A new university-led study with NASA participation finds ancient Antarctica was much warmer and wetter than previously suspected. The climate was suitable to support substantial vegetation—including stunted trees—along the edges of the frozen continent.
The team of scientists involved in the study, published online June 17 in Nature Geoscience, was led by Sarah J. Feakins of the University of Southern California in Los Angeles, and included researchers from NASA's Jet Propulsion Laboratory in Pasadena, Calif., and Louisiana State University in Baton Rouge.
By examining plant leaf wax remnants in sediment core samples taken from beneath the Ross Ice Shelf, the research team found summer temperatures along the Antarctic coast 15 to 20 million years ago were 20 degrees Fahrenheit (11 degrees Celsius) warmer than today, with temperatures reaching as high as 45 degrees Fahrenheit (7 degrees Celsius). Precipitation levels also were found to be several times higher than today.
"The ultimate goal of the study was to better understand what the future of climate change may look like," said Feakins, an assistant professor of Earth sciences at the USC Dornsife College of Letters, Arts and Sciences. "Just as history has a lot to teach us about the future, so does past climate. This record shows us how much warmer and wetter it can get around the Antarctic ice sheet as the climate system heats up. This is some of the first evidence of just how much warmer it was."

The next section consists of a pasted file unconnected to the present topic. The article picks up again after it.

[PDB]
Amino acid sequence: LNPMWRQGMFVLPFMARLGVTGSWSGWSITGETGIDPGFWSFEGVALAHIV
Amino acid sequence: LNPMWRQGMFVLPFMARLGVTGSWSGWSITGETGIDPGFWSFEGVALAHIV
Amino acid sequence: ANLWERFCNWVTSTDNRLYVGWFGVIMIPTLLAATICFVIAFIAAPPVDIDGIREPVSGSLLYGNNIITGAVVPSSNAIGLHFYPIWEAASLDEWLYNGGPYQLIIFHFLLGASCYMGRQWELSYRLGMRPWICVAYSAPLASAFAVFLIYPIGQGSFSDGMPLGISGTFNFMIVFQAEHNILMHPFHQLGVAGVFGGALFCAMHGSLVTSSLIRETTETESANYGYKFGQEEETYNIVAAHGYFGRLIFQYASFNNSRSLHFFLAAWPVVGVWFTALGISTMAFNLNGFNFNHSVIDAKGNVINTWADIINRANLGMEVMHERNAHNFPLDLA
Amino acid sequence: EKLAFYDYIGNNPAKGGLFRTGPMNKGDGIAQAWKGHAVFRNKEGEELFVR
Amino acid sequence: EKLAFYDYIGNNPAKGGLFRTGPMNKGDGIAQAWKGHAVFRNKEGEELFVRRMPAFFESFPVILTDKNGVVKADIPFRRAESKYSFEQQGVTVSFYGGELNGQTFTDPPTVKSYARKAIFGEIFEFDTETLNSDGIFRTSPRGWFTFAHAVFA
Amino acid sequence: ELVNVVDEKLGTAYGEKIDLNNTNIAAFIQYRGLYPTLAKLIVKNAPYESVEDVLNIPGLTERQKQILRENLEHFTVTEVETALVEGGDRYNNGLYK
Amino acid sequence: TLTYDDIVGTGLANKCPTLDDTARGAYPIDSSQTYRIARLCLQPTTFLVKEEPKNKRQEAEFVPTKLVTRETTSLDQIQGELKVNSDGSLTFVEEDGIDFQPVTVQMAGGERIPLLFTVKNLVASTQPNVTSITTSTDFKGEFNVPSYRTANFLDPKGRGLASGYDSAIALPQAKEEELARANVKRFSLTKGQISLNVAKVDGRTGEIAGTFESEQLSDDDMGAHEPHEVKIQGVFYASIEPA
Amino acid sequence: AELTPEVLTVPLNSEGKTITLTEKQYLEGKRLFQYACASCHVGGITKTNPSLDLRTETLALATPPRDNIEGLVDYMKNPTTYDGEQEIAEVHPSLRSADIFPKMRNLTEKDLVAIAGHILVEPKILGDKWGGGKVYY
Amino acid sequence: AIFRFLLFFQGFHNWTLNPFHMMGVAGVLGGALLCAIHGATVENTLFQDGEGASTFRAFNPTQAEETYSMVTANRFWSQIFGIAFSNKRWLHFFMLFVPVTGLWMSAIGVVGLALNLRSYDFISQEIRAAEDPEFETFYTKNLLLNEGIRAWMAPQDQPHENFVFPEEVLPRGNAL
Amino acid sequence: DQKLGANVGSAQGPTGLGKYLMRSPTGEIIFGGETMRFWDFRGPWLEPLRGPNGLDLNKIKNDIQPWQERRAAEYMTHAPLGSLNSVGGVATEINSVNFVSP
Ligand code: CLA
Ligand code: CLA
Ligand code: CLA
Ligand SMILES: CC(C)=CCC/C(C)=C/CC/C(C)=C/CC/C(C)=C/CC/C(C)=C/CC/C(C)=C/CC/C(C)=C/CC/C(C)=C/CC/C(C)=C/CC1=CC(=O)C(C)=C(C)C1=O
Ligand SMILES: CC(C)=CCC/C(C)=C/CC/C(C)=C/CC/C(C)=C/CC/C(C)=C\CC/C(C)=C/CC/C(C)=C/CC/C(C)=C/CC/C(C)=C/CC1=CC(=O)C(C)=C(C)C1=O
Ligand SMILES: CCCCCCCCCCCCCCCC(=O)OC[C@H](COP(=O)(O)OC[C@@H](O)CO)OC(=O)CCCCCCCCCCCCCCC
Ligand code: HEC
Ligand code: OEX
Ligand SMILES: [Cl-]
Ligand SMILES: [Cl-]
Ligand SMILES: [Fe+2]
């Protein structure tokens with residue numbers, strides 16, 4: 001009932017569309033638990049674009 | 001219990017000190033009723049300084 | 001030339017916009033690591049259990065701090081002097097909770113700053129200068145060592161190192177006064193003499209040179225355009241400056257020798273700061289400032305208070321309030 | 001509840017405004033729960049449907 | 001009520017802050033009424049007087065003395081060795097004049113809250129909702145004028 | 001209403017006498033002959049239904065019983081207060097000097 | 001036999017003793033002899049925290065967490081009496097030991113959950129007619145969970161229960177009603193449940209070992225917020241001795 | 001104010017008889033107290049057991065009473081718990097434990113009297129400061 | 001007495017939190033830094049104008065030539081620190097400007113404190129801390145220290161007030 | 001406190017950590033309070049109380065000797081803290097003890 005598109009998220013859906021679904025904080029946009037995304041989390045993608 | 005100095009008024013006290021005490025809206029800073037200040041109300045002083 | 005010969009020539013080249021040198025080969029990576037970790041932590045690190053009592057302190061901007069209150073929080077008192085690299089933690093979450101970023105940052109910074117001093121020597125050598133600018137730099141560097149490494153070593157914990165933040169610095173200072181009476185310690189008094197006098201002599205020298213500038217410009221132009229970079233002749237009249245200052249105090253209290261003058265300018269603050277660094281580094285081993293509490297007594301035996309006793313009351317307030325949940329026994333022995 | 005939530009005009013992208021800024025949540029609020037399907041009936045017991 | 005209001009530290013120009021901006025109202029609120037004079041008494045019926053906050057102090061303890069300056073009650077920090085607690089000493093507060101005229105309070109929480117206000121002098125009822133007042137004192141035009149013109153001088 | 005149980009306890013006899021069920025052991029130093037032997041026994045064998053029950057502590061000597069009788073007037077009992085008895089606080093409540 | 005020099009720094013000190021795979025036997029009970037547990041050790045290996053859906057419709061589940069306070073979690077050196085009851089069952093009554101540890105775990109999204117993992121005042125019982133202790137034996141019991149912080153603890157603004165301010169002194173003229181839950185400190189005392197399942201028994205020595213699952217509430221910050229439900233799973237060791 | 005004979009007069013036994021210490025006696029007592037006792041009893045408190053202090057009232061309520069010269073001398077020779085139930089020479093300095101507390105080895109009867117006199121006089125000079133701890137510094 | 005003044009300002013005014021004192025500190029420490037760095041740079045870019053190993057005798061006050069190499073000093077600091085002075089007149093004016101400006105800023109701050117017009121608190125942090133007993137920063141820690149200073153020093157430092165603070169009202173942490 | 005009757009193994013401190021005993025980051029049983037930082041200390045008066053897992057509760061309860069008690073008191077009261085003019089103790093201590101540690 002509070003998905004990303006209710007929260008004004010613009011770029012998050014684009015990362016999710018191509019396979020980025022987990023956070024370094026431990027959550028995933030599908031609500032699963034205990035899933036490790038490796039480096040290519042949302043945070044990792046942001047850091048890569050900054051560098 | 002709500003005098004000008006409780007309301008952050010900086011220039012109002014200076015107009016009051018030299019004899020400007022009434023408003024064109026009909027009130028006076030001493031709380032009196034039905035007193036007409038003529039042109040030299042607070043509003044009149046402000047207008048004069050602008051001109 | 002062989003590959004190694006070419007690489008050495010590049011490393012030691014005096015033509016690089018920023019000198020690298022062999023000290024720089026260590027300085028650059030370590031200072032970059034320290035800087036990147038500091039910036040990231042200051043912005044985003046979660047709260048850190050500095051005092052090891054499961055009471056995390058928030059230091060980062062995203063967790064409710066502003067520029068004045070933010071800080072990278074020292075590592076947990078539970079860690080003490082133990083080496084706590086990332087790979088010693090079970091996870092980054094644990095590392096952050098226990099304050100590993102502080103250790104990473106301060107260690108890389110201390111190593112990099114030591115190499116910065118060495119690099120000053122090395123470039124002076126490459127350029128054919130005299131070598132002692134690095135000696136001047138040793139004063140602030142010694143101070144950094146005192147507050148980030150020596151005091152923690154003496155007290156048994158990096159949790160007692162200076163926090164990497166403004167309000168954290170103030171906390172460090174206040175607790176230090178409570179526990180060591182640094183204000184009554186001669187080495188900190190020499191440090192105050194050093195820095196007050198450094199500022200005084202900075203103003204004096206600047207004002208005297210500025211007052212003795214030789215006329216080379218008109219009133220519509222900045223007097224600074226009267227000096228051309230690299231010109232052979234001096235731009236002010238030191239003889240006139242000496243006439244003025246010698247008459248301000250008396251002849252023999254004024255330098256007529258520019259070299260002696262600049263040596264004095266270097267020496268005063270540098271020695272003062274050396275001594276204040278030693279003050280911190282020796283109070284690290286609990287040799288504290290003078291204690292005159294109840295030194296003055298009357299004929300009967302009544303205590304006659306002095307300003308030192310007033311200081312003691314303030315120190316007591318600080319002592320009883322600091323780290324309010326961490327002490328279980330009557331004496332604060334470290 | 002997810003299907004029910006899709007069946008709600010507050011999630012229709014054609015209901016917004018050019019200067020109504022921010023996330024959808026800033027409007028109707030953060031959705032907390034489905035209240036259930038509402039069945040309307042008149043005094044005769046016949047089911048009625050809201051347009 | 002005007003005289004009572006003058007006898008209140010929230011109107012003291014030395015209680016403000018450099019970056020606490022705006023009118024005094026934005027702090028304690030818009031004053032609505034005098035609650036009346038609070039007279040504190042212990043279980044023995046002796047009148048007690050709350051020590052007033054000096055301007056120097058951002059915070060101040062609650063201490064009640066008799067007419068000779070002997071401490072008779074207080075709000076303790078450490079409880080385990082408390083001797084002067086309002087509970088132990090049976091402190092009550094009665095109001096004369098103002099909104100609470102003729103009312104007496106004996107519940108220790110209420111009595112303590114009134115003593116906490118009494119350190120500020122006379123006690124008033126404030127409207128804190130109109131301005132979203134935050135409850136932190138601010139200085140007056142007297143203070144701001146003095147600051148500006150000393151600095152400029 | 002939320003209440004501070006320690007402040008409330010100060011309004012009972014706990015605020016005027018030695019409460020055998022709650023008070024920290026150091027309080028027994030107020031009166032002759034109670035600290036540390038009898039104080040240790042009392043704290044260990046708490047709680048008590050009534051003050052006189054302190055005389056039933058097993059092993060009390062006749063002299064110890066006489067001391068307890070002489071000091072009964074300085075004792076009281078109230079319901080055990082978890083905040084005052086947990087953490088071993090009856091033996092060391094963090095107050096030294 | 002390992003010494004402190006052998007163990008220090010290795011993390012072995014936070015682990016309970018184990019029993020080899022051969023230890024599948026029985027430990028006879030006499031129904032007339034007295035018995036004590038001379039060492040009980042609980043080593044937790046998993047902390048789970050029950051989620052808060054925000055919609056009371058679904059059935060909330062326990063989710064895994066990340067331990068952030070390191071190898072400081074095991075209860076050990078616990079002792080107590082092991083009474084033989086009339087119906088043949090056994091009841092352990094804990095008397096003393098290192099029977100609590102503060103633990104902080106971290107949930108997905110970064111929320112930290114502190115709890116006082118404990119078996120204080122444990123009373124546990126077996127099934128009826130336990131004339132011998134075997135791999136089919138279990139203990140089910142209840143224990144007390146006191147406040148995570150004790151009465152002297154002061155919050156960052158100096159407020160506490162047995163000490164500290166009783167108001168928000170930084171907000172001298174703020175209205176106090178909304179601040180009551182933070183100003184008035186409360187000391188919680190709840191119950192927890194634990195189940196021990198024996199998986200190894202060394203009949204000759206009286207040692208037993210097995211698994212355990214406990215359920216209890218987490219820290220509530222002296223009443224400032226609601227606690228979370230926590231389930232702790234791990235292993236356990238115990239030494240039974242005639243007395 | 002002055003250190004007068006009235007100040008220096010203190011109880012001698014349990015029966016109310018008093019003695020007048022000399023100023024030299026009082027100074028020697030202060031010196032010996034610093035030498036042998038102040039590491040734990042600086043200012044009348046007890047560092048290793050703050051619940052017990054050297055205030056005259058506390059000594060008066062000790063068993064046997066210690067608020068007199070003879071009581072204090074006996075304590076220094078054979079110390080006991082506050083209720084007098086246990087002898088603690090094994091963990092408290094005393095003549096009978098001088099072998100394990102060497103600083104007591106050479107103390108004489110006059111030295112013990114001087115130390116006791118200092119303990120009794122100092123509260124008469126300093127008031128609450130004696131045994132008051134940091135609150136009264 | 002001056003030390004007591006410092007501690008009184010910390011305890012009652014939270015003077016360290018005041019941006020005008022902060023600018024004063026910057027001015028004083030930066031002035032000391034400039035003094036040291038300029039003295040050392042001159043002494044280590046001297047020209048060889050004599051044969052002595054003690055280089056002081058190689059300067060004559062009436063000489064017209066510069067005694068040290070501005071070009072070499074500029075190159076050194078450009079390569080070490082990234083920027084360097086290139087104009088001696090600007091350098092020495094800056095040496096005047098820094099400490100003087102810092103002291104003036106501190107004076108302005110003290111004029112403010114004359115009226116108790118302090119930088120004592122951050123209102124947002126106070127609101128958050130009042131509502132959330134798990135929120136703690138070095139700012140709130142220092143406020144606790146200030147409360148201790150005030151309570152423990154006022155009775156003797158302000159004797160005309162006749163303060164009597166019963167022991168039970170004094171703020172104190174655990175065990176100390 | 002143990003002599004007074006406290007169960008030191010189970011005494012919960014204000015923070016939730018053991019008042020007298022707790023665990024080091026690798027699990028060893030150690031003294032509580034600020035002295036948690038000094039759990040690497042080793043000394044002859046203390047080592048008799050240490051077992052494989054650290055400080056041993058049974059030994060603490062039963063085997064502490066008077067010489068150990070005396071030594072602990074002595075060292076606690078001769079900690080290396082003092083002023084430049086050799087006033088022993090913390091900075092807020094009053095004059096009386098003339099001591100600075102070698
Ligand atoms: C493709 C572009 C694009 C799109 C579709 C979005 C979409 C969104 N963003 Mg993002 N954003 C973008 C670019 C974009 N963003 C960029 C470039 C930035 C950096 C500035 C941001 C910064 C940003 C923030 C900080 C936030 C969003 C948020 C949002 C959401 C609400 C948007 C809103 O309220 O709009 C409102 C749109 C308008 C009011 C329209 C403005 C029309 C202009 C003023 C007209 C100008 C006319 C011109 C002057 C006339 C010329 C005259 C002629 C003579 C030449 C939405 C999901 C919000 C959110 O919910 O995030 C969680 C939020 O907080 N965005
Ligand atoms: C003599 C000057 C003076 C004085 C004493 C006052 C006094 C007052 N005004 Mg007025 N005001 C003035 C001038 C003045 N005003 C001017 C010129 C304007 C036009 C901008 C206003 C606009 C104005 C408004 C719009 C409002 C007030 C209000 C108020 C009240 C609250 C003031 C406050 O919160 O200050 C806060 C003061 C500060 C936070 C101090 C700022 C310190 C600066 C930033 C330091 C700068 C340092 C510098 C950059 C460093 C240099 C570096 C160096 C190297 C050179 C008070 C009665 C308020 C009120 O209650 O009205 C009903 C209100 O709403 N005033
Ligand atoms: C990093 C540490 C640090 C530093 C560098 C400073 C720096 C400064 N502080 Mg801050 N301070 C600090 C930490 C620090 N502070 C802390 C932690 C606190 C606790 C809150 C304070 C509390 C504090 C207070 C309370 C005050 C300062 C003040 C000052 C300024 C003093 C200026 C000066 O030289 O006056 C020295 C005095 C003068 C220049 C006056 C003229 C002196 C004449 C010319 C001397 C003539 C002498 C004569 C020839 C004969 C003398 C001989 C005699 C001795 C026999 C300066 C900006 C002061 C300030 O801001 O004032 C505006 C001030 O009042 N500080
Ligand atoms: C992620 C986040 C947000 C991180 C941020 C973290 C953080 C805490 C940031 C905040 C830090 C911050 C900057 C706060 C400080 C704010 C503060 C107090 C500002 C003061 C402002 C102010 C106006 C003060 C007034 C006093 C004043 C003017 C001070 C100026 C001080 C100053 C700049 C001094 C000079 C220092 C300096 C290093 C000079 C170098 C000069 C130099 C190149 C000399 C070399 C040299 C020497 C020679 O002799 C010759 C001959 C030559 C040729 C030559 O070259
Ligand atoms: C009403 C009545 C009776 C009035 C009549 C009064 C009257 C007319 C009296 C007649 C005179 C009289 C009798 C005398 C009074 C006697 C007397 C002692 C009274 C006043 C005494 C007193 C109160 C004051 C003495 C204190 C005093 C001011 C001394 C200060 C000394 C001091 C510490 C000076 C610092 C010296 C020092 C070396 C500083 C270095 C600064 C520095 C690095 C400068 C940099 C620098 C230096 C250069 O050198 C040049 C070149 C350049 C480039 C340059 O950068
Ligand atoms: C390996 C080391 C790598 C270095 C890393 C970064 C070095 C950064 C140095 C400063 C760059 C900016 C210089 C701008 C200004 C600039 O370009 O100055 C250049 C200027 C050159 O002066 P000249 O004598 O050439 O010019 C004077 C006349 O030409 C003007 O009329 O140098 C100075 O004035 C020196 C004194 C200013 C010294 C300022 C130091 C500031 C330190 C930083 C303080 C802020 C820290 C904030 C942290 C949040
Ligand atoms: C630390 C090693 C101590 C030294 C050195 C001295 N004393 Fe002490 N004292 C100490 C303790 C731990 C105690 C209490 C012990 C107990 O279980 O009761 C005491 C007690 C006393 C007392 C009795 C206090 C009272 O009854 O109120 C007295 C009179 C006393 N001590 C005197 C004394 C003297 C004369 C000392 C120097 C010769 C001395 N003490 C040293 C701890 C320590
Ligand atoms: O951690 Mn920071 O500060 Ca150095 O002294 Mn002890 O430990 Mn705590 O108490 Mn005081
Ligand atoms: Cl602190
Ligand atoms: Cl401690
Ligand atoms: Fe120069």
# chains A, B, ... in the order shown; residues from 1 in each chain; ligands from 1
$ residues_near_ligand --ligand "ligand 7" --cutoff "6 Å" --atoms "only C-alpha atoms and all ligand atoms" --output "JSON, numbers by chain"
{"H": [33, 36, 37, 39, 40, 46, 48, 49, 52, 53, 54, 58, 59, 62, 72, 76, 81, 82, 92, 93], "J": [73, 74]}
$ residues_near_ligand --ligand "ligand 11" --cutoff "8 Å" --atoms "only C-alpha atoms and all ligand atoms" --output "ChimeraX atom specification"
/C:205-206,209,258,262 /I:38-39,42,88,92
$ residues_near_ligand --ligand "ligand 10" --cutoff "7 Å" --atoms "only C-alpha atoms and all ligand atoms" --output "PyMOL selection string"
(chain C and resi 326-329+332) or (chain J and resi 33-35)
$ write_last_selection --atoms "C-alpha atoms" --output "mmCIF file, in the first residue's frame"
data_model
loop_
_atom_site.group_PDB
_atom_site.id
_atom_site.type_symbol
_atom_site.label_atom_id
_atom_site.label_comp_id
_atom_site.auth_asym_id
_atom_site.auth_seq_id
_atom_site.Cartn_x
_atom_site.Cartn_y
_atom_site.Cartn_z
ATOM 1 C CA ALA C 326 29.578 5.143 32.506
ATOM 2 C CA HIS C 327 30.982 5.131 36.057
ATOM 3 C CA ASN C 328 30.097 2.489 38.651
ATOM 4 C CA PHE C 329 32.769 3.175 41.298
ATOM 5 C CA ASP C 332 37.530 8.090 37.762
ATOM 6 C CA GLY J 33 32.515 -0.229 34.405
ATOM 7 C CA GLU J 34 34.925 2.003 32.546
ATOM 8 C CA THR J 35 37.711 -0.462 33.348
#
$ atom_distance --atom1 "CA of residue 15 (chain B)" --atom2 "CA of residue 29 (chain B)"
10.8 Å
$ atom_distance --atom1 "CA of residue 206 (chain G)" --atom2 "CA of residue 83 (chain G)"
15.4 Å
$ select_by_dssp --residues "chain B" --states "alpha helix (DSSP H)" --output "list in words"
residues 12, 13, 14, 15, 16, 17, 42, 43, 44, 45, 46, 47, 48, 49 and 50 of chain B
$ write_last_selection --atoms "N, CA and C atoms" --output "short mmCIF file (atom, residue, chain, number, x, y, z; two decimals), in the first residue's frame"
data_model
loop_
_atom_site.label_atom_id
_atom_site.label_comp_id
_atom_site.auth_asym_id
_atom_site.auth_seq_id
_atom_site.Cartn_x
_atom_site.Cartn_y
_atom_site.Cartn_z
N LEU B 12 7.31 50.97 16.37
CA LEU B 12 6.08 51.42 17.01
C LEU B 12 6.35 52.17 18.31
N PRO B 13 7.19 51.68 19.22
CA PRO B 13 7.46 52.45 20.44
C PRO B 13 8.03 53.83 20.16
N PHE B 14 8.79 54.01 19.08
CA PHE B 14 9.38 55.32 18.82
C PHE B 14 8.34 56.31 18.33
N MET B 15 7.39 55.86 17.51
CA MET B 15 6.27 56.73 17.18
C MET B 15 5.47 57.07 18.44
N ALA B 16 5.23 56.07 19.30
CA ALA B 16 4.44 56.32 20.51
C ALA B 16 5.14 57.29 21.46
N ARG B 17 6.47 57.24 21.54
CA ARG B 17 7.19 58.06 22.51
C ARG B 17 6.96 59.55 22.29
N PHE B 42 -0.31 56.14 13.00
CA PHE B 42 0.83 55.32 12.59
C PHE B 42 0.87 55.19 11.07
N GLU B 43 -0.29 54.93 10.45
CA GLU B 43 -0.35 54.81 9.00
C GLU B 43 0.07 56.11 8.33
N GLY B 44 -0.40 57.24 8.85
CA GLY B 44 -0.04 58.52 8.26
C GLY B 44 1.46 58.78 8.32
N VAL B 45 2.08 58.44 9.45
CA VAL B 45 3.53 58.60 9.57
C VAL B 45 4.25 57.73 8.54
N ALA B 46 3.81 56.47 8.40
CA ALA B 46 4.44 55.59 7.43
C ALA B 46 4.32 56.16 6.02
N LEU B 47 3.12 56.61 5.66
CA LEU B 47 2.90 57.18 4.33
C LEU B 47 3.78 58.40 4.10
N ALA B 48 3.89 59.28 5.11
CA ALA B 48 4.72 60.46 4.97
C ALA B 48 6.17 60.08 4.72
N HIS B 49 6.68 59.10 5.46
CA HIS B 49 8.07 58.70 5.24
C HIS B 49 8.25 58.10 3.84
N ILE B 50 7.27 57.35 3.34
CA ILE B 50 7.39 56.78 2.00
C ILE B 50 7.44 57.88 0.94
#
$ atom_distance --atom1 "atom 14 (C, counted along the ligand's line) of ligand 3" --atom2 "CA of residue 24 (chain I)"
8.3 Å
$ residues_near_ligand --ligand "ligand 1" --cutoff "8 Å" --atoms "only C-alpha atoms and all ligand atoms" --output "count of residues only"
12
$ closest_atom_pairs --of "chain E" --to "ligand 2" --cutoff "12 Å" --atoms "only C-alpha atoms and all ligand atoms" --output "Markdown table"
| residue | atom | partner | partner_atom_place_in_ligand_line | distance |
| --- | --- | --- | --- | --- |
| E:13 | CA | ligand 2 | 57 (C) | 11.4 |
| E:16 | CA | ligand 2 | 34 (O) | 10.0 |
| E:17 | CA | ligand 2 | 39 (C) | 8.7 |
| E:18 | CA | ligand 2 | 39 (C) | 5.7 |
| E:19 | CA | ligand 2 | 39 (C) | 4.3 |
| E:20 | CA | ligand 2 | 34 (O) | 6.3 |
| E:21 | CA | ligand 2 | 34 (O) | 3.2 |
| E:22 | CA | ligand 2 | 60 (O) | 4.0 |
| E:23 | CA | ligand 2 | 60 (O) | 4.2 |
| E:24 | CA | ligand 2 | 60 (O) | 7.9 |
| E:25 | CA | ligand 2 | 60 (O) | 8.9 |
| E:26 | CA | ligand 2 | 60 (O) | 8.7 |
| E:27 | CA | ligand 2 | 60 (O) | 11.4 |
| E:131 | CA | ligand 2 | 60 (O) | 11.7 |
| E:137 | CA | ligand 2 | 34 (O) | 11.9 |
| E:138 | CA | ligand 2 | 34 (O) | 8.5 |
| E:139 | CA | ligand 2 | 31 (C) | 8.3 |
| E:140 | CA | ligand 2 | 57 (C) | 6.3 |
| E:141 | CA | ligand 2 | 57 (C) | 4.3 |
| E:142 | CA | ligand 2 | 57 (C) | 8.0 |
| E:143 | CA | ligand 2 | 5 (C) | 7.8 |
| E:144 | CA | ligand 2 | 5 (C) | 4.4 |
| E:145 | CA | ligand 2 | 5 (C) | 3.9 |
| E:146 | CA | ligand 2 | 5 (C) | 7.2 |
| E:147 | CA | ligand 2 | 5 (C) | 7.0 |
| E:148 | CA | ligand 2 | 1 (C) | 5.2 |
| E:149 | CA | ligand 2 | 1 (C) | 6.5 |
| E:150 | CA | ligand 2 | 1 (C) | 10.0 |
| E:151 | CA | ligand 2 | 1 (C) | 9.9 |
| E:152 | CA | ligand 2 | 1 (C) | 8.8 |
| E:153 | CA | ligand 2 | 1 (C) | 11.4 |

Scientists began to suspect that high-latitude temperatures during the middle Miocene epoch were warmer than previously believed when co-author Sophie Warny, assistant professor at LSU, discovered large quantities of pollen and algae in sediment cores taken around Antarctica. Fossils of plant life in Antarctica are difficult to come by because the movement of the massive ice sheets covering the landmass grinds and scrapes away the evidence.
"Marine sediment cores are ideal to look for clues of past vegetation, as the fossils deposited are protected from ice sheet advances, but these are technically very difficult to acquire in the Antarctic and require international collaboration," said Warny.
Tipped off by the tiny pollen samples, Feakins opted to look at the remnants of leaf wax taken from sediment cores for clues. Leaf wax acts as a record of climate change by documenting the hydrogen isotope ratios of the water the plant took up while it was alive.